In this work, it is essential we adopt anti-racist methods and practices. Further, we can and must work to address institutional racism in our institutions and our field, through developing and supporting leaders of color, providing anti-oppression training, and continually working to center the voices and experiences of those most directly impacted by oppression. People of color, whether they be colleagues, narrators, students, or patrons, must be supported and valued. Historical knowledge around police brutality and systemic racism is essential to addressing both, but Black and Brown people must have a clear, equal, and respected role in developing this knowledge.  

Many of our members have dedicated their careers to documenting stories of democratic citizen action and how these efforts can enact change. We have a responsibility to understand and celebrate these successful efforts, and to engage in this work ourselves. There are a number of ways we can support current protests and calls for justice: register to vote, sign petitions, support protestors or participate in protests ourselves, donate to groups and funds working to end police violence and systemic racism, call our legislators, and educate ourselves.

As Black Americans and those acting in allyship in our communities, states, and country engage in difficult and transformative work to end police violence and racism, work that will continue long after the current moment, we are committed to supporting them and participating, now and in the future. Black Lives Matter.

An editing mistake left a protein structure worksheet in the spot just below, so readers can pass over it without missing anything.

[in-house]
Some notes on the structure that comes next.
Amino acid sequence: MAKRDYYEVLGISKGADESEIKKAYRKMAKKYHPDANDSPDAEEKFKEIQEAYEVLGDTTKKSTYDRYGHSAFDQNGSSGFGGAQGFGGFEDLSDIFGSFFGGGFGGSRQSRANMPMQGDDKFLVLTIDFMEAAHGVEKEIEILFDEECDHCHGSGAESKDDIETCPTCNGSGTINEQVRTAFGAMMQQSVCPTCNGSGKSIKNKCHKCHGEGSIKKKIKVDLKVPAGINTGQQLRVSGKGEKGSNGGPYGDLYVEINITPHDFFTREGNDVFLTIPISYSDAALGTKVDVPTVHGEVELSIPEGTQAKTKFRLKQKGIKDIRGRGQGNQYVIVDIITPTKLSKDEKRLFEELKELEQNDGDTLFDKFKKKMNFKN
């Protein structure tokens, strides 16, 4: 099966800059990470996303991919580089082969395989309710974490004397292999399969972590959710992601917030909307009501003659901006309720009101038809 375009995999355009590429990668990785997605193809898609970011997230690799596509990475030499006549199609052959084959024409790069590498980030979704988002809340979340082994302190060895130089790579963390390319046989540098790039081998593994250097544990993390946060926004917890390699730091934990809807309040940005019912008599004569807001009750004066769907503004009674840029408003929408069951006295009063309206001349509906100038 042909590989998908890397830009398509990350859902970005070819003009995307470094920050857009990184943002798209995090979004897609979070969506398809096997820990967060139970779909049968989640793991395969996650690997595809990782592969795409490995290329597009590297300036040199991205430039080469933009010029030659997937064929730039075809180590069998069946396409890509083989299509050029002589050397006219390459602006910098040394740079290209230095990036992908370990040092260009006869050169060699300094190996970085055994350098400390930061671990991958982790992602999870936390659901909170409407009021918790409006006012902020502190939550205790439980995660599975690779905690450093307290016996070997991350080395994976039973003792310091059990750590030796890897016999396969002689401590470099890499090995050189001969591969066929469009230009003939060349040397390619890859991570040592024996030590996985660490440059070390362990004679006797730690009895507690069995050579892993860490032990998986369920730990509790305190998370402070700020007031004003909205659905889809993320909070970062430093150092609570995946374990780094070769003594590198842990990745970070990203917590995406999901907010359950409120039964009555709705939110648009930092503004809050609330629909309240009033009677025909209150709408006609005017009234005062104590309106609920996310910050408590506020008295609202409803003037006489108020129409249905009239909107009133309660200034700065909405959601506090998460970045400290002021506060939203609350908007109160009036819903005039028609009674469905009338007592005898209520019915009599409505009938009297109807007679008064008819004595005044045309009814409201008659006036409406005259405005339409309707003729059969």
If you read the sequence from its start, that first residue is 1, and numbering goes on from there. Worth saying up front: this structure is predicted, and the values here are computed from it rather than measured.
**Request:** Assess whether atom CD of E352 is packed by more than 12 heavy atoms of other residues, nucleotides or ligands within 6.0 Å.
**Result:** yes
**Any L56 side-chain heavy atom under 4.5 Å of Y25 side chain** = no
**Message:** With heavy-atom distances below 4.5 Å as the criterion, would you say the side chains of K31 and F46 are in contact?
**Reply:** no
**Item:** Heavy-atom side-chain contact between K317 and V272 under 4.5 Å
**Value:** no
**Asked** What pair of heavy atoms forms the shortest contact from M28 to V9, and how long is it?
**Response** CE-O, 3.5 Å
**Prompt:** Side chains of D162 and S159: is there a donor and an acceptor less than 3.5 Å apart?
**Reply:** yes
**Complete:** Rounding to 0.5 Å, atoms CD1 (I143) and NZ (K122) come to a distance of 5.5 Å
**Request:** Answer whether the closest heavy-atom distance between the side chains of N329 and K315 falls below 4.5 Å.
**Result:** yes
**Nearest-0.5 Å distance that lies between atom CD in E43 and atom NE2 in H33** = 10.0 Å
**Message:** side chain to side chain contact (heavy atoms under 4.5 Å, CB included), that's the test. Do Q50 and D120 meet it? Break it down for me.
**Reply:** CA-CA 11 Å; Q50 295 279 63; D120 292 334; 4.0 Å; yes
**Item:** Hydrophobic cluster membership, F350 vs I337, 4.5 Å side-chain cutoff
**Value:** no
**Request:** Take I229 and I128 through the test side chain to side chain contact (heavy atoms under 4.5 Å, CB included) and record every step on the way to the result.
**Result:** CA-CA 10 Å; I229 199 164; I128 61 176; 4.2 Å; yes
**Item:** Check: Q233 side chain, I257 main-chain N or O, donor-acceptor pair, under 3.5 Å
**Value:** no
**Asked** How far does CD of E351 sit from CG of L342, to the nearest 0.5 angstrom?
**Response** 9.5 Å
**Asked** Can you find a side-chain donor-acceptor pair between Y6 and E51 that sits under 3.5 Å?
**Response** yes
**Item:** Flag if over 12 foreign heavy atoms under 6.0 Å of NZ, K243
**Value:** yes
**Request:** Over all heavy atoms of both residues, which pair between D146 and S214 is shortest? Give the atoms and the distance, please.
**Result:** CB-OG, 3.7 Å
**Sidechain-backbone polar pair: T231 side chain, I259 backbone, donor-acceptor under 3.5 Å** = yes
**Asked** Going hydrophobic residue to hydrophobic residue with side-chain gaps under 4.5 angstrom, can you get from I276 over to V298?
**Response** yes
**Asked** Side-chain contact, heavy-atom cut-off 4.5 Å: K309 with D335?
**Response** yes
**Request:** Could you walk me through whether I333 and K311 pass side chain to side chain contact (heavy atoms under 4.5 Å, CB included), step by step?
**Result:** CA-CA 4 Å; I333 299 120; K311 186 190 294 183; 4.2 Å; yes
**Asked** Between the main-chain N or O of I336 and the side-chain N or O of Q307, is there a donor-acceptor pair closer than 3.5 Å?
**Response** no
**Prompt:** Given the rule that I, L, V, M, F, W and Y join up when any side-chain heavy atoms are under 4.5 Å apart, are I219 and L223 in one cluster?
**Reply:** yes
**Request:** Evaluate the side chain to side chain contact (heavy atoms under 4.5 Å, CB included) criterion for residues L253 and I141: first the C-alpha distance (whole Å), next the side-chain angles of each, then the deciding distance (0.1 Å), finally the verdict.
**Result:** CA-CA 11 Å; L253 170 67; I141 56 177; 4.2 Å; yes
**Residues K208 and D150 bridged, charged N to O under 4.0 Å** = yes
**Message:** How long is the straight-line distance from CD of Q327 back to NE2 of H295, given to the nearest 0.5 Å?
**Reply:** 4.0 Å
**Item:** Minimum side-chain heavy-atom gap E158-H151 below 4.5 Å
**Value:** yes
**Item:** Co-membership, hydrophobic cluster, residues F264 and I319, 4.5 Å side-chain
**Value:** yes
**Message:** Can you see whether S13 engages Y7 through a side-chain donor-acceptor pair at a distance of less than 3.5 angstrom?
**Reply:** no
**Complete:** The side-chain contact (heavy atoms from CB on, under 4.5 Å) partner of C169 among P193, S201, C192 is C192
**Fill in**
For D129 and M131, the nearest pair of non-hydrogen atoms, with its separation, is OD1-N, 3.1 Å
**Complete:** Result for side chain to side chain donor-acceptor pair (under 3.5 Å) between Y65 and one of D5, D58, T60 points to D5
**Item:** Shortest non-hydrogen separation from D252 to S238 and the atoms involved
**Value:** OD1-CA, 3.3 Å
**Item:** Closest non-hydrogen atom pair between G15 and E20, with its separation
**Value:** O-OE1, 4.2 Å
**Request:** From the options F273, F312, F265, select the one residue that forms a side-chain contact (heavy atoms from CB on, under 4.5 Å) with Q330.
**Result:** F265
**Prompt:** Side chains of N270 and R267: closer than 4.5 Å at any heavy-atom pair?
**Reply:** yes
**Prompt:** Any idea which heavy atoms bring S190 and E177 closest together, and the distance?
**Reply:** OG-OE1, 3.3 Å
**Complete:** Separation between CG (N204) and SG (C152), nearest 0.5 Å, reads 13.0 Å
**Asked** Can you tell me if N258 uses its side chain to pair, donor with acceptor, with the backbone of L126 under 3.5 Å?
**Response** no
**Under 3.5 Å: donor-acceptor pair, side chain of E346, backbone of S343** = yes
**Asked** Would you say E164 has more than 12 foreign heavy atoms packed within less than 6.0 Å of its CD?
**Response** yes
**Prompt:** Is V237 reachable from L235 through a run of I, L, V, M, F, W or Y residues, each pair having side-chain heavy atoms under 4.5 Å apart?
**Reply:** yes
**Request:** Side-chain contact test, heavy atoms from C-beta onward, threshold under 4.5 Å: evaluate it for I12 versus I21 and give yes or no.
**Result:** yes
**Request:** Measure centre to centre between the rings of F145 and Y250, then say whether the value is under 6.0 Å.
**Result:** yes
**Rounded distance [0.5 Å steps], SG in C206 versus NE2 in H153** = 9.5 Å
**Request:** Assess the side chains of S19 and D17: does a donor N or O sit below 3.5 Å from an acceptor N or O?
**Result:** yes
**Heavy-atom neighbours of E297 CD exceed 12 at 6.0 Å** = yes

The following organizations have endorsed this statement:

Baylor University Institute for Oral History
Columbia University Oral History Master of Arts Program and
Columbia Center for Oral History Research
Oral History Archives at Columbia
Oral History in the Mid-Atlantic (OHMAR)
Texas Oral History Association (TOHA)
UNT Oral History Program
UW-Madison Oral History Program

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Highlight: OHA 2019 Diversity Scholarship Award Winner- Anahí Naranjo

Anahí Naranjo Jara is an environmental justice advocate and storyteller from Quito, Ecuador. Anahí is using oral history to highlight the resilience of communities on the frontlines of environmental and social injustices historically silenced in dominant discourses.  Her Pachamama Oral History Project “aims to elevate and center agrarian indigenous individuals in the Ecuadorian Andes to highlight the impact of climate change on the physical and cultural landscape of the region.”